Archive | Health and Beauty

How To Dress for a Portfolio Career

scarves

scarvesOne of the joys of embracing a portfolio career later in life is that it provides an opportunity to integrate different strands of your professional identity. One challenge I didn’t foresee was how to assemble a wardrobe to complement those multiple selves.

But I’m learning as I go.

The Writer: Grad Student Redux

It’s easy for me to dress for the writer/editor part of my new career as a communications consultant. My default style – to the extent that I have one – tends to be fairly casual. Indeed, one of the things I enjoyed most about being a freelance writer back when my children were little was the ability to show up to the school run in some version of my pajamas.

These days, there is no school run. But when I work at home, I still revert to full-on graduate student mode. The other day, I was clad in a pair of baggy Adidas sweat pants, a college sweatshirt and a baseball cap. All that was needed to complete the picture was a bottle of Diet Coke, a package of Oreos and a half-eaten Stouffer’s “Classic” French Bread bread pizza. (Remember those? Bliss…)

The Teacher: Wanna Be Parisienne

On days when I teach or coach writing at a university, that’s also pretty manageable. I’ve got enough basics to easily anchor a five-day rotation. I simply accessorize like crazy.

I’m all about scarves. I used to just loop them around my neck haphazardly until my husband – (who in another life might double as Yves Saint Laurent) –  came back from a trip to France and sent me a video entitled “How to Tie Your Scarf like a Parisian.” Ever since, and taking a page from Margaret, I’ve been experimenting. (The scarf-as-necklace was a complete eye-opener to me…)

Speaking of necklaces, I’ve also got a decent assortment of those – which, like scarves – can add a bit of Je Ne Sais Quoi to the same old, same old. My next move is to invest in some vintage costume jewelry.

Going Corporate: No More Foxhunting

Where I struggle a bit is when I venture into the private sector for a meeting. There – sartorially, at least – I’m a bit out of my depth.

The first problem is that my only suit was purchased in the late 1990’s, back when people were still dancing the Macarena. It’s a decent brand, and I thought it looked all right, until my daughter asked to borrow the jacket to play a “huntsman” in her high school play. Seeing her on stage killed it for me. Sure, I live in England. But I’m not exactly trying to channel Lady Mary from Downtown Abbey on a fox hunt.

My second problem is that because my new business is not yet a year old, I don’t yet have the wallet to afford a suitable corporate wardrobe.

Thank goodness for friends. One of my friends’ daughters works in the corporate headquarters of a high-end retail chain in the UK. This company doesn’t pay its junior staff all that well, but it does reward them with – wait for it – a 65% discount on all items in the store. Guess who just got the keys to the kingdom?

So if you happen to see me wandering around the streets of London’s financial district looking like I own Paris, you’ll know my secret.

Dress for the Part(s)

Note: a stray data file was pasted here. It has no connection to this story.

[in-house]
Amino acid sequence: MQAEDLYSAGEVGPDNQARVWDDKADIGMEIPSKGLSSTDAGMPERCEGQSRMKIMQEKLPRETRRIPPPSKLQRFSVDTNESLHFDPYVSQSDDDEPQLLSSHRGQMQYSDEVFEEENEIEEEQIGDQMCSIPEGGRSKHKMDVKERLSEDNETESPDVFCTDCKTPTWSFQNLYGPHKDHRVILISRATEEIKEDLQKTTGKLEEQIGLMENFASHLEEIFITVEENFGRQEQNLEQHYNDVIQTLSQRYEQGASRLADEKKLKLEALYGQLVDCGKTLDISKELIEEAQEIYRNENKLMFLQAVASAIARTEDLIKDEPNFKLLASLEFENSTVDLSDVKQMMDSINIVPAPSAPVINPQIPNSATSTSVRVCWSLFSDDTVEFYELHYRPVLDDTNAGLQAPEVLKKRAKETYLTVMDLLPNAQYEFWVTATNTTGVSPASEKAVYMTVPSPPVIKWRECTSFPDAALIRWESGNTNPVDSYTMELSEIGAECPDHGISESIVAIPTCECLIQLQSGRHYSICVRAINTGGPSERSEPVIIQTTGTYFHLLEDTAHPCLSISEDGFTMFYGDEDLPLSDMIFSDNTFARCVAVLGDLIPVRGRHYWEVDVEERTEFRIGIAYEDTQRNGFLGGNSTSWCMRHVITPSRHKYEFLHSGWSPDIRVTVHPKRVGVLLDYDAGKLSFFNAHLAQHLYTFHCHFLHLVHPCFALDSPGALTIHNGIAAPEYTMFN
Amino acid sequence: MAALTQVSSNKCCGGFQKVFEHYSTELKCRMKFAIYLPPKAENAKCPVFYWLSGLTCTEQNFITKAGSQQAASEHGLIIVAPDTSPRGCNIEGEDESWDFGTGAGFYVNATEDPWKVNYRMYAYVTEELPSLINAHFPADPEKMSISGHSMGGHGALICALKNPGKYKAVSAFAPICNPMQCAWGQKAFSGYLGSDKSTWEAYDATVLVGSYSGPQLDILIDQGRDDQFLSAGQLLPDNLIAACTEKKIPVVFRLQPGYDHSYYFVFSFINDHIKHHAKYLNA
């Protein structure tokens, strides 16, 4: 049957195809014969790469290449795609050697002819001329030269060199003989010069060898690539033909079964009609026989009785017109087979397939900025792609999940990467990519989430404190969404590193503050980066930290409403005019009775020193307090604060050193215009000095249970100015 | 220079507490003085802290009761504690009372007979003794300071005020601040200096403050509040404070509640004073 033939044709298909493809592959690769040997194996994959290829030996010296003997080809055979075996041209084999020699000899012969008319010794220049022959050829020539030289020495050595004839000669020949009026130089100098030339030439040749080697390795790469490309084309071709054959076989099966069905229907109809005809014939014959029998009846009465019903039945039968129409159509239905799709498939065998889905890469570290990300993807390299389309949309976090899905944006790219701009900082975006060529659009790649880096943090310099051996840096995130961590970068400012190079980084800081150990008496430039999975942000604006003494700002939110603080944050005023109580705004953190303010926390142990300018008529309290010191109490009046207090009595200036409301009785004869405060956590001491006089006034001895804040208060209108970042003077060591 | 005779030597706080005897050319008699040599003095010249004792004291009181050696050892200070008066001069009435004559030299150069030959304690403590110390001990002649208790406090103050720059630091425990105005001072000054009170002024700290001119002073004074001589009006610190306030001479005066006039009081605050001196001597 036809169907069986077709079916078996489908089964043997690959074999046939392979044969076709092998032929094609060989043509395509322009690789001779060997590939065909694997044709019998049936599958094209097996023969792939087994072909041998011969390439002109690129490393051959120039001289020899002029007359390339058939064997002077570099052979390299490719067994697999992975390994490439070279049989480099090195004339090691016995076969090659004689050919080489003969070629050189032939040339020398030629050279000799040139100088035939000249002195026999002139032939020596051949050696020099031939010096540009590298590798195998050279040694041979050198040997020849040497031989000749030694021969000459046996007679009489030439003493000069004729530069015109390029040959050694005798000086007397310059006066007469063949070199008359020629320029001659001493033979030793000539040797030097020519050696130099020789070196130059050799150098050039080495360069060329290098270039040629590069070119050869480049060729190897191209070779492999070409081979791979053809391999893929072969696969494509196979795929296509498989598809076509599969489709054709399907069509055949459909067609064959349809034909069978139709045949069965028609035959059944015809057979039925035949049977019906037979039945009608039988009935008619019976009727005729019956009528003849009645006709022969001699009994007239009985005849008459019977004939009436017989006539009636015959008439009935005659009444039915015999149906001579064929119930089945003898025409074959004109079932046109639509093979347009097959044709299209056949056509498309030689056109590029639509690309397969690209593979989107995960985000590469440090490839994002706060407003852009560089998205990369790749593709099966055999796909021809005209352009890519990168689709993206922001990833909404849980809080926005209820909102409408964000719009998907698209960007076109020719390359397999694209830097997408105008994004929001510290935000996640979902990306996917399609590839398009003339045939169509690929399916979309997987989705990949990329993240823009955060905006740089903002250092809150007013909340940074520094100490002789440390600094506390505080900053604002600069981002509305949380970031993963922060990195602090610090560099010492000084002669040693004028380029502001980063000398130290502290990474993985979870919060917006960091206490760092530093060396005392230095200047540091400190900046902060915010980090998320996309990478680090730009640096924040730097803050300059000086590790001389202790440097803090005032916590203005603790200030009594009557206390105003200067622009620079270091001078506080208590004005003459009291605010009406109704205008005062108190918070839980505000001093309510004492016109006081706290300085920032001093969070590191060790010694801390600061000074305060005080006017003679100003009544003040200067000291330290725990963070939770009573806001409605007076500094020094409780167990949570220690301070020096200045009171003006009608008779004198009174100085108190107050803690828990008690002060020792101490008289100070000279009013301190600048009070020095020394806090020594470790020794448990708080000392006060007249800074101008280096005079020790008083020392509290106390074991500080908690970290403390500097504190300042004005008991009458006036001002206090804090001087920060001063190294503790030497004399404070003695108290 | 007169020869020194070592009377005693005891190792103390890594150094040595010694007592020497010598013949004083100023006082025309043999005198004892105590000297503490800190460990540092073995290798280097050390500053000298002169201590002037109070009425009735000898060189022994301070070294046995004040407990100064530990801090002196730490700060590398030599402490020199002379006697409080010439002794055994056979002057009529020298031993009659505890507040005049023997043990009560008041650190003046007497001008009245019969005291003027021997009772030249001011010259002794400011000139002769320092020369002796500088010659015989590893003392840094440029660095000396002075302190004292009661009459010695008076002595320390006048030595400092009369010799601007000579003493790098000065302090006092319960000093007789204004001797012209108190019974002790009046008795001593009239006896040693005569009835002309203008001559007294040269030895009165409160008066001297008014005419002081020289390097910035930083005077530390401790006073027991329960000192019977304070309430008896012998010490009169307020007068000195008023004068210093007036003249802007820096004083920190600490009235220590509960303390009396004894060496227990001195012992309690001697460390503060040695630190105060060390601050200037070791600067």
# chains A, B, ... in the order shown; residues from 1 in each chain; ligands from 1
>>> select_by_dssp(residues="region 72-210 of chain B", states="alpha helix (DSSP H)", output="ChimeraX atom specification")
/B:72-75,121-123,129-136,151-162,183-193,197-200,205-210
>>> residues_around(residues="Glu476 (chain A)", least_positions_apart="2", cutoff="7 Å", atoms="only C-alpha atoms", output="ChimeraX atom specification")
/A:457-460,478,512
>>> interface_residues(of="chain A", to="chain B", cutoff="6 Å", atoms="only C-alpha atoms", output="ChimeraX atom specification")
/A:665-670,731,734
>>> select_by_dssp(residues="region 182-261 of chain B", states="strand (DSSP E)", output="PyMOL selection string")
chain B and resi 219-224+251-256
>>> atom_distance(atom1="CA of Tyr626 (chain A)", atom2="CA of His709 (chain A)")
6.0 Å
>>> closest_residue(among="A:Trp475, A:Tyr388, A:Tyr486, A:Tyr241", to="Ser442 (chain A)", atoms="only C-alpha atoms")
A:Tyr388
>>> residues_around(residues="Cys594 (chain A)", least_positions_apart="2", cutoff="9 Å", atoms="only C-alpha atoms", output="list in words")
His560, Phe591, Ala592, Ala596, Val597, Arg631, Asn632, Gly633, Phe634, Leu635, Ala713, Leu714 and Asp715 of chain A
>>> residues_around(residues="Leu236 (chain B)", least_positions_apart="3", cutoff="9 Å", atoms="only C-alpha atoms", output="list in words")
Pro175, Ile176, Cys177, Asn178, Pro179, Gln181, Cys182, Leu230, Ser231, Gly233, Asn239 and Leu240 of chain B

Whether you’re embarking upon a new position within the same organization or in an entirely new field, starting a new job often requires a new wardrobe. Back-office admin does not require the same look as a front-office sales position. You need to adjust your wardrobe accordingly.

The same holds for a portfolio career. You just need to be a bit creative in your sartorial assemblage, while you wait for your income to catch up with your chosen métiers. (If I may work the French metaphor to death.)

Advice gratefully accepted. Merci.

Image: Scarf Cloth Colorful Towels via Pixabay

I Fixed My Back Thanks to Alternative Medicine

acupuncture needle

acupuncture needleIt all began when I got back from a two-and-a-half week vacation in the United States a few years back. As I resumed my normal routine of running in the mornings before going to work, something didn’t feel quite right. Specifically, there was a throbbing pain on the left side of my bum.

I’d had recurring trouble with my piriformis muscle before, so I began doing some stretches that I’d learned during my last round of physiotherapy. But after things got so excruciating that I began popping painkillers on a regular basis, I booked in to see an osteopath at a nearby facility.

The pain didn’t go away. Instead, it migrated to different parts of my back over the next few months. There was one point when I could hardly walk. Meanwhile, my migraines – which had grown in intensity over the previous decade – were getting progressively more frequent.

Enter Pilates…

Read the rest of this post over on Better After 50

Image: Acupuncture needle by Acid Pix via Flickr

Tips for Adulthood: Five Reasons to Confront Pain as we Age

back pain

back painOn occasional Wednesdays, I offer tips for adulthood.

I went to see a neurologist recently. I suffer from migraines. And while they aren’t nearly as bad as those endured by some of my friends – i.e. I don’t vomit, I’m not light-sensitive, etc. – they aren’t pleasant.

I really should have done this awhile ago. My migraines have been steadily increasing in frequency and intensity for several years now. But you know how it is:  you need to go see your /primary care doctor, get a referral, and then block out the time to actually deal with the problem, rather than just suffering through.

But because I really didn’t want to overdose on Ibuprofen, I finally took the plunge and went to see a specialist. (I also finally broke down and went to see the dentist about a different but equally persistent problem I’ve been having with my teeth.)

If – like me – you’re avoidance-prone where pain is concerned, here are five reasons not to ignore the problem any longer:

Read the rest of this post over on Better After 50

Image: Low back pain via Wikimedia Commons

Giving Up Your Addictions in Middle Age

iphone

iphoneI’ve stopped using my cell phone for the last several weeks. Ok, that’s an exaggeration. What I’ve really done is to stop checking my phone incessantly.